“Lenient Parsing” and why I regret it

Don’t look it up — “Lenient Parsing” is a term of my own. When writing Pandamator, I wanted to make the point that the query transformations, I was using, did not care which were the SQL expressions used for SELECT, WHERE etc (except when they did, read footnote). Which is one of my good/bad facets: some time I like to push an idea to see how far it goes. In this case it went very far, because I could ignore the content of all expressions and ignore subtleties of TransactSQL syntax and typesystem.

“Lenient parsing” was the way I made the point. It consists of not parsing at all. I just amass all tokens and declare it an expression. The side effect was that I had to delimit all statements by semicolons, which I rather preferred. (I actually did that for statements, as well, in an effort to read whole scripts and just ignore anything that was not temporal statements. I have since aimed a little lower.) Anyway, I made my point, proved that I could get away with minimal syntactic transformations, and now “Lenient Parsing” (how on earth I came up with this weird term, I don’t know) gets in my way.

For one thing, I have been wanting to implement something I call (buckle up, because another weird term of my own invention is coming) “assisted nonsequenced queries”, which will be nonsequenced queries with an implicit “join” with the “spans” of the query, the latter being the largest contiguous validity periods that do not overlap with any validity period of any object of any relation. Within each such “span”, nothing changes, so these are like extended instants (you can read more on that in “SQL Extension for Interval Data”, Lorentzos, Mitsopoulos). This would allow one to write something akin to IXSQL, but then one would have to perform arithmetic on time, and not having real expressions to manipulate is an impediment.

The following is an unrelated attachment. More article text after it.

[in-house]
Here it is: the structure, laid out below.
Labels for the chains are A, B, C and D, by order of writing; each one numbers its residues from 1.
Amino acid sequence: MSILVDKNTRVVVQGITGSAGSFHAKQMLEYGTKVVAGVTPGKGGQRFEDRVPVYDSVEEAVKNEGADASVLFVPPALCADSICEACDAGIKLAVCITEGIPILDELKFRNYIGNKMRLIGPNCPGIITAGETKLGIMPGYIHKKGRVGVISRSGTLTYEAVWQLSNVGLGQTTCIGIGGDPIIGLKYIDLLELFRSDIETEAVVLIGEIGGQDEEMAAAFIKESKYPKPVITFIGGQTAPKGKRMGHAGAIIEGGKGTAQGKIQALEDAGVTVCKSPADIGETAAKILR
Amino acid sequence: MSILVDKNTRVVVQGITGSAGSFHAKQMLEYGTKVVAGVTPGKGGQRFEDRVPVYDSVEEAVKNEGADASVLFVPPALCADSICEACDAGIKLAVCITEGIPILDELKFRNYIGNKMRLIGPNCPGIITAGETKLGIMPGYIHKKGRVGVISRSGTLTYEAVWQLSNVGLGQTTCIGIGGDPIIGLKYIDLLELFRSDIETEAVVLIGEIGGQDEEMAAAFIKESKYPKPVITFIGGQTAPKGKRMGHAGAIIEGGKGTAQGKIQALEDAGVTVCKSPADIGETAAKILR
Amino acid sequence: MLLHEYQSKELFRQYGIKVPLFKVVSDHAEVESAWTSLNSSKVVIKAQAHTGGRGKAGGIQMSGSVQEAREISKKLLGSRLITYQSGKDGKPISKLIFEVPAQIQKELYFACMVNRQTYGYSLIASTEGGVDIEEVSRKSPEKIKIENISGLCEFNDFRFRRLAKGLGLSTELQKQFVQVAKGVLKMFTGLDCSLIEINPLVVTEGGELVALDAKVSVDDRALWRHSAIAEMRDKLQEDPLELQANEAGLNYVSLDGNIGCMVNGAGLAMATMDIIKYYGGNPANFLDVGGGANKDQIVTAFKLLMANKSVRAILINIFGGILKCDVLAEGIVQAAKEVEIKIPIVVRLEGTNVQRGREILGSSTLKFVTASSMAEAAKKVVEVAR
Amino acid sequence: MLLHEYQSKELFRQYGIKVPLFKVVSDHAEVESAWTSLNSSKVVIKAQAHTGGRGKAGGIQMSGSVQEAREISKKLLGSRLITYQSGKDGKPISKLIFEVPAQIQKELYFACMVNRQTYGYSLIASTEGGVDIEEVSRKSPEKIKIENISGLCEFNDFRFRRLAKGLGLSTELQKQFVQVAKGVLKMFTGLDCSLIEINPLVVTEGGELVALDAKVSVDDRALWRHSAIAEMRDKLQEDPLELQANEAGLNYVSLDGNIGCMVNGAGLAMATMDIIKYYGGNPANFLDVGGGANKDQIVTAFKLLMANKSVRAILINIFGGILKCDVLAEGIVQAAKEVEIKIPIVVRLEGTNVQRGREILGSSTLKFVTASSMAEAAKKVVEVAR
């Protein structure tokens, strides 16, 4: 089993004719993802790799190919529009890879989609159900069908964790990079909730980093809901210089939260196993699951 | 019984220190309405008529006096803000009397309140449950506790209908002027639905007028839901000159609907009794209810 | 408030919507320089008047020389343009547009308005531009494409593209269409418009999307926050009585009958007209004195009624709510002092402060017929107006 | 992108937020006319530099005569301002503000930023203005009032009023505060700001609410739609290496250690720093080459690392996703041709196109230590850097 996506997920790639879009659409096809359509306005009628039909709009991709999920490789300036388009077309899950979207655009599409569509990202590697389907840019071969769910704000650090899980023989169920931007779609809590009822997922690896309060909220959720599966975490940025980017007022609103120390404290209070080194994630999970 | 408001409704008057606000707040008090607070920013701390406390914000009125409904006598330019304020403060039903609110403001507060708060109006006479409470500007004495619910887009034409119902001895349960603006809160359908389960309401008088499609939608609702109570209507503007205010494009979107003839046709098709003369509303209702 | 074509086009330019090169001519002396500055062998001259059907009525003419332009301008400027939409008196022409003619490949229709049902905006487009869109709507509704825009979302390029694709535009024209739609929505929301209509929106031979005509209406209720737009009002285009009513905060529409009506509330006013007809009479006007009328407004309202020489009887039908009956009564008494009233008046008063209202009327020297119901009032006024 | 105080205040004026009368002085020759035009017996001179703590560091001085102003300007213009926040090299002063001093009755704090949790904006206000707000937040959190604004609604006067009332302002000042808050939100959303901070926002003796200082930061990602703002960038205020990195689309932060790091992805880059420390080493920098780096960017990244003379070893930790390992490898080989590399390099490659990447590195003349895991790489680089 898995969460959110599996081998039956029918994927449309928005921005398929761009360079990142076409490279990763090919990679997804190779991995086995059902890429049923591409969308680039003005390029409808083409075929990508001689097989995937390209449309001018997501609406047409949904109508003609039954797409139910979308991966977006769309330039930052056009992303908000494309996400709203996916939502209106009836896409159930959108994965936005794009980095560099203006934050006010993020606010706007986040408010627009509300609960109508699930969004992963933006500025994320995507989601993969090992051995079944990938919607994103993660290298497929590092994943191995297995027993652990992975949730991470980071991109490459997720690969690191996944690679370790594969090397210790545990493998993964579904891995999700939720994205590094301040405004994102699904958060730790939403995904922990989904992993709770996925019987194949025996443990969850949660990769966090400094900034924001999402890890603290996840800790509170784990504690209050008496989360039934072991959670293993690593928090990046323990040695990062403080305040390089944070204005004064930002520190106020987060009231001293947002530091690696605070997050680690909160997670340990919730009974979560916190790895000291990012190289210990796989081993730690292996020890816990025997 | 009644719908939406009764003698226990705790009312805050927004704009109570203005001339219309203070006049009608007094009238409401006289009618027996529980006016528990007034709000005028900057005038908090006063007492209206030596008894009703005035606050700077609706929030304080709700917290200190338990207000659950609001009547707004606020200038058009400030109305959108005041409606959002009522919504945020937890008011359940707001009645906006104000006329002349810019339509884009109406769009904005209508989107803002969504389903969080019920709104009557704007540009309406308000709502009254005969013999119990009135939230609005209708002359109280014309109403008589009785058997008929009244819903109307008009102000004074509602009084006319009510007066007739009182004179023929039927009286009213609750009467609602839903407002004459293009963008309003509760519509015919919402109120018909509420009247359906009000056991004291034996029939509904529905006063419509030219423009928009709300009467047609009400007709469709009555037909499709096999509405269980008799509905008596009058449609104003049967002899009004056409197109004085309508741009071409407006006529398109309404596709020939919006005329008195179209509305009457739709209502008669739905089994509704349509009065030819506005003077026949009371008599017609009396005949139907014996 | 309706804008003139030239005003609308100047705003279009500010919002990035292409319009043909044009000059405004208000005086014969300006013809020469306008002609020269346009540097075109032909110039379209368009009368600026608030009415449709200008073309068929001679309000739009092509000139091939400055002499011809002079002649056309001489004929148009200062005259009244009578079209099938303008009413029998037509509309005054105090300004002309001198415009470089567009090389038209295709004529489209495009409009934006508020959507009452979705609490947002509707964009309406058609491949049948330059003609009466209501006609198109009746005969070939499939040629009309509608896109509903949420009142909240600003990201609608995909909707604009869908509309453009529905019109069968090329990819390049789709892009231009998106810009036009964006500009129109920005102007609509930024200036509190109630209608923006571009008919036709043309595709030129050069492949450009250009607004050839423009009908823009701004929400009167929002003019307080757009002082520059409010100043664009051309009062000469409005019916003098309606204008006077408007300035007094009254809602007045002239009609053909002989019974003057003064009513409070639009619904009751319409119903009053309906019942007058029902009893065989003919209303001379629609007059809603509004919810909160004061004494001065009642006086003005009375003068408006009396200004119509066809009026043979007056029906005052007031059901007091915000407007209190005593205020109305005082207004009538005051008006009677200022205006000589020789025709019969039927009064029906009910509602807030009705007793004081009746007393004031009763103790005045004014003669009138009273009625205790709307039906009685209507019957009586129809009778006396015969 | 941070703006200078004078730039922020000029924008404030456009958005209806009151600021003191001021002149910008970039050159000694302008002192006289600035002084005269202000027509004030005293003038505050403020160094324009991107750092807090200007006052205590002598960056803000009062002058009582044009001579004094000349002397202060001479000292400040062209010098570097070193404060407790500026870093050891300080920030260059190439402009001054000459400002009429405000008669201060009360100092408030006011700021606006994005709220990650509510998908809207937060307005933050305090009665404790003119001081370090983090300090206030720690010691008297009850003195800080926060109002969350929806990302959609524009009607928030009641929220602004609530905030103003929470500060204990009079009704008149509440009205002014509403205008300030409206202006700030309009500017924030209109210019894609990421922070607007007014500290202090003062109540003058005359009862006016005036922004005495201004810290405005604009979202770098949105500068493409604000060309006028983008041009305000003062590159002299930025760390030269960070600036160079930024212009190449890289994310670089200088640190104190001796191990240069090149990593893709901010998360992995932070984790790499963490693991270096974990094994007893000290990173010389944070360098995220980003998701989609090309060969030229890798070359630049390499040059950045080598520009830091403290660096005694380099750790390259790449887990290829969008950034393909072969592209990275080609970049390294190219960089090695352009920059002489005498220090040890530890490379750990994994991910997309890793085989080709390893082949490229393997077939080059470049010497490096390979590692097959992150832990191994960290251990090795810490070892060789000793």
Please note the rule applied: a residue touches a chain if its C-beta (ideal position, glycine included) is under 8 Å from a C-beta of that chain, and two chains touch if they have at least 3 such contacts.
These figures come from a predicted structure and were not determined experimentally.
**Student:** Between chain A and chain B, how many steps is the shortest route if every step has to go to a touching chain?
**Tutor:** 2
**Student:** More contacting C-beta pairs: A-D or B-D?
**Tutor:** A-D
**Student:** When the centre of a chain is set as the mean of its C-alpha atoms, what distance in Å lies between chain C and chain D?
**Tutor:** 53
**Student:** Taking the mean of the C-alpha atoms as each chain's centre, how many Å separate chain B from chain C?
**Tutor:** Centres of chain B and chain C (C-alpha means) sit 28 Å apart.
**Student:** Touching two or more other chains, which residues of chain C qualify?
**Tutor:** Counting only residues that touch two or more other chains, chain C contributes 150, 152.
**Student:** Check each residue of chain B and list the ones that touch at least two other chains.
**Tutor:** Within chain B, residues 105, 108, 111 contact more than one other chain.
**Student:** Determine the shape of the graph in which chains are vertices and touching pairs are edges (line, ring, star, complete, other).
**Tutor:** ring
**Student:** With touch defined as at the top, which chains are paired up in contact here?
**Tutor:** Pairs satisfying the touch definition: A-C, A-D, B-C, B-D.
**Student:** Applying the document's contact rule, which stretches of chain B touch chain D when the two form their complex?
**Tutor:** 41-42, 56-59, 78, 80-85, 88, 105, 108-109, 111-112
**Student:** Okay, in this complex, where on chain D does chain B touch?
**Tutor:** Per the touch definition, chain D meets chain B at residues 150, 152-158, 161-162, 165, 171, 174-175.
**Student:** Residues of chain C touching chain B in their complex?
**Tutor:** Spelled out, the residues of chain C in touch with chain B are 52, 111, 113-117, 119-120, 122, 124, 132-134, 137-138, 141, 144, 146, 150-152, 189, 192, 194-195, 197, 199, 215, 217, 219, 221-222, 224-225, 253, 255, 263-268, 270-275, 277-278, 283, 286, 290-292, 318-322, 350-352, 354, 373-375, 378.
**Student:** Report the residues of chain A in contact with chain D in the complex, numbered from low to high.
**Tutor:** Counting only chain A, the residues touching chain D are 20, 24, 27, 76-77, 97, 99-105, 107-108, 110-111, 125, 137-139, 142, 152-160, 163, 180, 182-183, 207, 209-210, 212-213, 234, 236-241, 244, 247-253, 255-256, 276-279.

Secondly, I’ve been wanting to  write an extension to SQL ever since I started doing a lot of SQL work. It’s a good thing that I didn’t, though, because what I would have written at the time would have been what I thought I needed for better programming under TransactSQL (my name for that was SQL DoneRight, so that gives you the idea). However, my point of view has changed, and I have become convinced that the way to go is to avoid the procedural, Basic-like language altogether, and go for pure SQL, working on whole relations at once and abolishing scalars. I hope you’re intrigued, but I’m not going to go into details just yet, as I’m preparing a “manifesto” blog post for that. I’m just going to remind you of my post about how to play to the strengths of an RDBMS and avoid shoehorning it to procedural, object-at-a-time computation. This extension will have a full typesystem, which necessitates handling real expressions.

In conclusion, “Lenient Parsing” was a great idea, but it’s now time to let it go, and switch to real parsing of expressions, even if that means losing some obscure part of Transact SQL grammar in the proceedings.

Footnote: Inner subqueries, of course, had to be treated specially than other elementary expressions.

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